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Canadian Olympian Clara Hughes (left) chats with teammates Joëlle Numainville and Denise Ramsden (right) before going out on a training ride in Horsley, Sussex, England on Wednesday July 25, 2012. (THE CANADIAN PRESS)
Canadian Olympian Clara Hughes (left) chats with teammates Joëlle Numainville and Denise Ramsden (right) before going out on a training ride in Horsley, Sussex, England on Wednesday July 25, 2012. (THE CANADIAN PRESS)

London 2012

When a solo sport becomes a team game Add to ...

Canadian Ryder Hesjedal, the underdog winner of the Giro d’Italia, must envy the formidable Clara Hughes and the two others on the women’s road cycling squad.

The trio – 39-year-old Hughes and her younger colleagues Joelle Numainville and Denise Ramsden – are a team. Hesjedal is part of a team, too – he’s it. “I’m a one-man show,” he said Wednesday as he rolled into St. Pancras train station from France to prepare for one of the Olympic’s biggest events, the men’s road race, after taking a bad spill on July 6 that forced him out of the Tour de France.

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Since he was the lone Canadian to qualify for the road race, he will have nobody to work with on strategy and energy-saving drafting (riding in another cyclist’s slipstream) as 145 of the world’s best cyclists blast for 250 kilometres through London and the English countryside on Saturday.

In contrast, Canada’s women can work with one another in their distance event on Sunday to get the most out of their races. The Canadian national championship road race in Quebec last month is an example. Hughes and Ramsden stuck with one another even though they raced for rival teams. The duo broke from the pack in the last 30 kilometres, swapping the lead position every few minutes. In the last 100 metres or so, Ramsden broke free and crossed the finish line first. Hughes was second. (Numainville, who is on the same team as Ramsden, came third.)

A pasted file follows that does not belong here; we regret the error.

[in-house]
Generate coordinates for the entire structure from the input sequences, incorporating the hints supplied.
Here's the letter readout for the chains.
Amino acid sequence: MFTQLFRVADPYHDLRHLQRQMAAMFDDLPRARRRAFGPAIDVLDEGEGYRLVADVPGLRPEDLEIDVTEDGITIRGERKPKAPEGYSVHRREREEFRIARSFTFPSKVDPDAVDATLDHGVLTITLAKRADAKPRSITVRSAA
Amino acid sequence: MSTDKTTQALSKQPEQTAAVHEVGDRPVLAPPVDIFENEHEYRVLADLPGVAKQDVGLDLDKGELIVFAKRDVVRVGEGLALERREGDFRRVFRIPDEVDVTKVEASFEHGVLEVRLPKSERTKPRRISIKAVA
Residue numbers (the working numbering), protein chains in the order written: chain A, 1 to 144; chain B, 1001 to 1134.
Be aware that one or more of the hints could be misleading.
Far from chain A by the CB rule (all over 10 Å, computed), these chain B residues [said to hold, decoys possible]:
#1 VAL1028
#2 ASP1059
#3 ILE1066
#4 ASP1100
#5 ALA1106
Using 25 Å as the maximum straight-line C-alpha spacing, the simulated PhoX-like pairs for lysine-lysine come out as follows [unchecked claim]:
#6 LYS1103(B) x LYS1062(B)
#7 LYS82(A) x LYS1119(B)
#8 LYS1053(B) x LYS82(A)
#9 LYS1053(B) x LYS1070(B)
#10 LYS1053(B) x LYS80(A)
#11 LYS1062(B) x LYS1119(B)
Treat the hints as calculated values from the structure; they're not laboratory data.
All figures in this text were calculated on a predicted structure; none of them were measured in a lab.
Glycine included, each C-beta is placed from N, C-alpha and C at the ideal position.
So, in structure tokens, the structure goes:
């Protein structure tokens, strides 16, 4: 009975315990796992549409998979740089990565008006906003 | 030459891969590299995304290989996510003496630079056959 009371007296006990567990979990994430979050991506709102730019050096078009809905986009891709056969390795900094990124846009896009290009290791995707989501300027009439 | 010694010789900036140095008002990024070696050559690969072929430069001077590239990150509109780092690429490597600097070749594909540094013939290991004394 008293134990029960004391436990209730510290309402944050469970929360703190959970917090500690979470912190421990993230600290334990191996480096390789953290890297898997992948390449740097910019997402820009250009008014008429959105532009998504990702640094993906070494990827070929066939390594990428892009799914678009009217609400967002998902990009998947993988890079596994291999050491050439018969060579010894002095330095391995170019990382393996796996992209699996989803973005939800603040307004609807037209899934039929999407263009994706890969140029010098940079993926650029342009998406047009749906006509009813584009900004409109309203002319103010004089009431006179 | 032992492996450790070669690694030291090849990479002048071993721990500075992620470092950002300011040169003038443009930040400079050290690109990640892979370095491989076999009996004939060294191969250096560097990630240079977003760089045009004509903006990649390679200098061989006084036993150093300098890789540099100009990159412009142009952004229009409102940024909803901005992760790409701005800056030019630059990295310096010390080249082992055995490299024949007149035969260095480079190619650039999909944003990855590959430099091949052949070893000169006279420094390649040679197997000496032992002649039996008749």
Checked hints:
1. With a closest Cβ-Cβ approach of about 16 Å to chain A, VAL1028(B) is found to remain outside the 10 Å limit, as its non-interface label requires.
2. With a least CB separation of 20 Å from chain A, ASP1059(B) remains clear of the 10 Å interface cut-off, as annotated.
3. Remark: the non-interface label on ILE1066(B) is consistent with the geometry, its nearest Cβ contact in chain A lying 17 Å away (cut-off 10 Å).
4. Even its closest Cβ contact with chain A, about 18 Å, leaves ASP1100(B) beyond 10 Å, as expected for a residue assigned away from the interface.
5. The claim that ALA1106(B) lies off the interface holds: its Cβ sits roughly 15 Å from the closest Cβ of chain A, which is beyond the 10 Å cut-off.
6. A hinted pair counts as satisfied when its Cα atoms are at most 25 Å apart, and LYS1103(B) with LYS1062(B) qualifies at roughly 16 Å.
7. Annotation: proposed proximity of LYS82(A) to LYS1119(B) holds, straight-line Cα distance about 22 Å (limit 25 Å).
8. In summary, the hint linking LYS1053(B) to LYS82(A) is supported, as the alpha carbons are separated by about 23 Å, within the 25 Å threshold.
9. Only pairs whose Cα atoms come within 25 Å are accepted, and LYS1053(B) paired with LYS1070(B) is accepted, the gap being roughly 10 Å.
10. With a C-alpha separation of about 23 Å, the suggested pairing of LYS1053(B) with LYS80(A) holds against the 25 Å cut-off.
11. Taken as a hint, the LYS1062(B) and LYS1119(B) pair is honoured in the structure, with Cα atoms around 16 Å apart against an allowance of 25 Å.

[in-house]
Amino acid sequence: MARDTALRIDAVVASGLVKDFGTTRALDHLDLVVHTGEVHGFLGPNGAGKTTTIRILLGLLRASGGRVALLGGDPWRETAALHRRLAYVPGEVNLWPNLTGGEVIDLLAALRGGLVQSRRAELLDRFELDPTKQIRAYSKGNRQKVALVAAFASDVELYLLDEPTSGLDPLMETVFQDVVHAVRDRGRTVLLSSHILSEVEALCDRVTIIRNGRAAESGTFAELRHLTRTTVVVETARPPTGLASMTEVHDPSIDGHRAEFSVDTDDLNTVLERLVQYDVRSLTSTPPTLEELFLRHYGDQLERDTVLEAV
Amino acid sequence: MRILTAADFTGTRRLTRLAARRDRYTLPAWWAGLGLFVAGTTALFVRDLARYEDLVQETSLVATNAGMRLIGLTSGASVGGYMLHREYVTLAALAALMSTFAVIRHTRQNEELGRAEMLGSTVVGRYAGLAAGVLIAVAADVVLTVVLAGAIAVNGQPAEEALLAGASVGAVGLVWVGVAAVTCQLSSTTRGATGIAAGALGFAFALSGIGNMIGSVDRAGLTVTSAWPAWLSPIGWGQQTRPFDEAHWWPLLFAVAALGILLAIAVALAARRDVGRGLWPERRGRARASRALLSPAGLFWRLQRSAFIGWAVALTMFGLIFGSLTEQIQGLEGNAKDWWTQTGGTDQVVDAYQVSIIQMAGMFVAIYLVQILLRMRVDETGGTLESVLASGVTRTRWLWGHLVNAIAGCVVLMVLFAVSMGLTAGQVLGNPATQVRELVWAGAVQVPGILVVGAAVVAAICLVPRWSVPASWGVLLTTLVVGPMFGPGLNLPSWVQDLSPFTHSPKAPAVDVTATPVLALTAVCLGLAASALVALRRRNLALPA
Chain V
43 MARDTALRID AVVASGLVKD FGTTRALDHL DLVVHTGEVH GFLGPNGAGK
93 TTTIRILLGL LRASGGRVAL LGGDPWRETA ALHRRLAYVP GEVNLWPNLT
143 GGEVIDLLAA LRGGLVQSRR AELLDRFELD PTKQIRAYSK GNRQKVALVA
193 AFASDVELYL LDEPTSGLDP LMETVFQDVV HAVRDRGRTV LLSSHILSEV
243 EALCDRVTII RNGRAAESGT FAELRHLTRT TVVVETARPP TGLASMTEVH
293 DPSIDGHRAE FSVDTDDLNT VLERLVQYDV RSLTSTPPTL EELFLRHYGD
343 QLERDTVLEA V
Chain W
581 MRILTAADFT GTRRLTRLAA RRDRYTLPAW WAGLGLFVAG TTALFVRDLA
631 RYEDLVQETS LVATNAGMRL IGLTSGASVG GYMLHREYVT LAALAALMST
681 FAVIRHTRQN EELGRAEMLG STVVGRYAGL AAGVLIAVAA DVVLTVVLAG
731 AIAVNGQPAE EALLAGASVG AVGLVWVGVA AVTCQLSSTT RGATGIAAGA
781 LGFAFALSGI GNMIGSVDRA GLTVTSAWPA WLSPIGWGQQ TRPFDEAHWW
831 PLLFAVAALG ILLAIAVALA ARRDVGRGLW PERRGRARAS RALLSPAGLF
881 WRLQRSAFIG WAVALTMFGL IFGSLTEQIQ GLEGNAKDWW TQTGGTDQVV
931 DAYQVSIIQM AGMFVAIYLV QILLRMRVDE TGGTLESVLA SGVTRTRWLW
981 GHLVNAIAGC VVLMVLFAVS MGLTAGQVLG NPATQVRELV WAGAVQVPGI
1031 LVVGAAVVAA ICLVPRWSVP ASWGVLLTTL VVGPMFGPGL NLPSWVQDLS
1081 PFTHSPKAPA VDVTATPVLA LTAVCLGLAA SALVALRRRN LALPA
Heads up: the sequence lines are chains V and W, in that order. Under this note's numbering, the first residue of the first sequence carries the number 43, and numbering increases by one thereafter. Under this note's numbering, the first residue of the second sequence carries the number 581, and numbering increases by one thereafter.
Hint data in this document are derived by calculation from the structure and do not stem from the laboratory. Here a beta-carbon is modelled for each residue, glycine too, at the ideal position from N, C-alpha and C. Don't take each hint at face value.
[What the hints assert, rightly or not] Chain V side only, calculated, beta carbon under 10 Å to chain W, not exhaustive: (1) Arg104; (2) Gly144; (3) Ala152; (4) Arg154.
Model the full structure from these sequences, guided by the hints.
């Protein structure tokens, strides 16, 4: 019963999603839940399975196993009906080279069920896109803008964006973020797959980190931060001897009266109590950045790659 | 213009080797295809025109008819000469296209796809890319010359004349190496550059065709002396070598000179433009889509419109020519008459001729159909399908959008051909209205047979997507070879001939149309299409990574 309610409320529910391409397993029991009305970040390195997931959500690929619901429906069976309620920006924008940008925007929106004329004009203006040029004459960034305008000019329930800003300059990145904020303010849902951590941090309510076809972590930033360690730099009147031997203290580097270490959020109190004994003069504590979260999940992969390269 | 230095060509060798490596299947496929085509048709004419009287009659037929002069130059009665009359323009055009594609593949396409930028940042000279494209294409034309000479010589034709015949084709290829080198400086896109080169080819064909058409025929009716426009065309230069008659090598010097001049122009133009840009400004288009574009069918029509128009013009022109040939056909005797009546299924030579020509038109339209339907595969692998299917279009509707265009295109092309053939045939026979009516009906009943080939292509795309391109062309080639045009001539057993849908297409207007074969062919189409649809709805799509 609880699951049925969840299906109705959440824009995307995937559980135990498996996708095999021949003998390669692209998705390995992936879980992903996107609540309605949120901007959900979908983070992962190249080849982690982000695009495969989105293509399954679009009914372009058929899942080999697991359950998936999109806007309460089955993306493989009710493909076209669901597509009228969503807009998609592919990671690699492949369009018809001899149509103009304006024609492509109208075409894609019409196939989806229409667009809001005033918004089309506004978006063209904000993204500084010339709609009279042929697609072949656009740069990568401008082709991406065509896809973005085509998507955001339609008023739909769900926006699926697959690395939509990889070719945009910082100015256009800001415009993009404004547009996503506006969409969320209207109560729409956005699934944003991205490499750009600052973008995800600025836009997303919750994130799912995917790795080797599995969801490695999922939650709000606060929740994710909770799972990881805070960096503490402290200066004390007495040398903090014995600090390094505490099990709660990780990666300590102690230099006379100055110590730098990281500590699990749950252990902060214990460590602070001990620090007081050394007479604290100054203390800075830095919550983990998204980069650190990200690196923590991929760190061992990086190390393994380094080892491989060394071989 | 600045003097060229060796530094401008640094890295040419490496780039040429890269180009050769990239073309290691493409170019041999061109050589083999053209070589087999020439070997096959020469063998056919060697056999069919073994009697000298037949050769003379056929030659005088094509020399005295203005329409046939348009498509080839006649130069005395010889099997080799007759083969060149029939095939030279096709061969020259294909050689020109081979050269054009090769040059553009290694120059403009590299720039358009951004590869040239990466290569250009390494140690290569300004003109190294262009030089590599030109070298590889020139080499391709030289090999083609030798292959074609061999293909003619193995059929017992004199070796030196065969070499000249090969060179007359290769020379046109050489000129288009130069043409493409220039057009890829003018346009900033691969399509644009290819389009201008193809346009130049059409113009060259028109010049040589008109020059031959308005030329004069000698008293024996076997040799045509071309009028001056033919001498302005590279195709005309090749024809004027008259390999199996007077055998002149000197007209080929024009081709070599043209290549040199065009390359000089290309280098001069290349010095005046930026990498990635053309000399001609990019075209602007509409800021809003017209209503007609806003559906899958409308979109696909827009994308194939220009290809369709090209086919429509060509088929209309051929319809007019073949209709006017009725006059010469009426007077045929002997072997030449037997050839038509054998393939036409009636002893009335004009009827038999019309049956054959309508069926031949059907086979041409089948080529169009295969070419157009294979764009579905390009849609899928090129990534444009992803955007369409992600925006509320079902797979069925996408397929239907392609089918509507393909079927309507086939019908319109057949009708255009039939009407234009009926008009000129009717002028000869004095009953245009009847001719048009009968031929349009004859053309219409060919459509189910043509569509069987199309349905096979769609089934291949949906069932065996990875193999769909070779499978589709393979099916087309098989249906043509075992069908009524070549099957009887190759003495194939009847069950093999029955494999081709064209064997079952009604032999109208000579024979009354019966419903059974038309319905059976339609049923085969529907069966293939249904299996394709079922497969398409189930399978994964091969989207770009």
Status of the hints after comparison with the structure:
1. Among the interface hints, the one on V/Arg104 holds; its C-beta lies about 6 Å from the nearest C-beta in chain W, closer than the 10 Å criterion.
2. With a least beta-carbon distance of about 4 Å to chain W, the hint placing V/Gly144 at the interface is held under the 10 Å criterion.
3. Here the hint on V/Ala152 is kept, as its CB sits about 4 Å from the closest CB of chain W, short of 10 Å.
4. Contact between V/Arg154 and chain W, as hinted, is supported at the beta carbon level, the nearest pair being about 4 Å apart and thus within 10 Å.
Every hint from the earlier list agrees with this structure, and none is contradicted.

Cycling competitors tend not to reveal what deals, if any, are made during the race to determine who is given the advantage. The point is that teams have the option of making competition easier for their best riders. Hesjedal will not have that advantage on Saturday.

So what’s his strategy? Pretty simple, really. He has to find other lonely riders like himself, or small groups of riders, and latch on. “I can ride off the other teams and find my own way,” he said. “The only situation that will be good for me is a small group.”

Ryder surprised the world when he won the Giro d’Italia last May, the first Canadian to do so. His victory was all the more surprising because he did not win a single stage of the race. Known as a climber, not a sprinter, he admits his chances of nailing gold in the Olympic road race are fairly small, all the more so given the rude strength of the British cyclists.

The Tour, which finished in Paris last Sunday, was a British sweep. Bradley Wiggins and his powerful teammate Chris Froome placed first and second, respectively. Mark Cavendish, the world’s top sprinter, won the final sprint along the Champs-Élysees with an astonishing burst of speed in the final two kilometres. He is favoured to win the Saturday road race, the London Games’ debut medal event.

“They’re going to take the initiative,” said Hesjedal, a former mountain biker who is competing in this third Olympics. “They’re going to control the race, so it will be everyone against them if they take that stance and we’ll see what happens.”

He knows he has a better chance in the time trial event on next Wenesday at Hampton Court Palace. In that race, there is no team effort and riders are not allowed to draft. They start individually and race against the clock.

Hughes, who is 39, has won Olympic medals for speed skating and cycling and is entering her sixth Olympics, has a plan, too. But no one on her team was willing to share its details at the women’s team press conference Wednesday at their lush country retreat in Surrey, about an hour south of London. Hughes said, “Cycling is a very team oriented sport. … We have a lot of cards to play.”

The three women will probably work with one another during some or much of the race. But who will make the break near the finish line is an open question. It could be that Hughes will hold back, all the better to conserve energy for the time trial event, where she is a stronger competitor. In that event last year, she placed first in the Pan American Games and fifth in the world championships.

In spite of Hesjedal’s solo status, Hughes’s age and the relative lack of experience of her two young colleagues, the Canadian road cyclists think their chances of nailing a medal are high, after scoring zip in Beijing. “I think we have a lot of cyclists capable of obtaining medals,” Hesjedal said.

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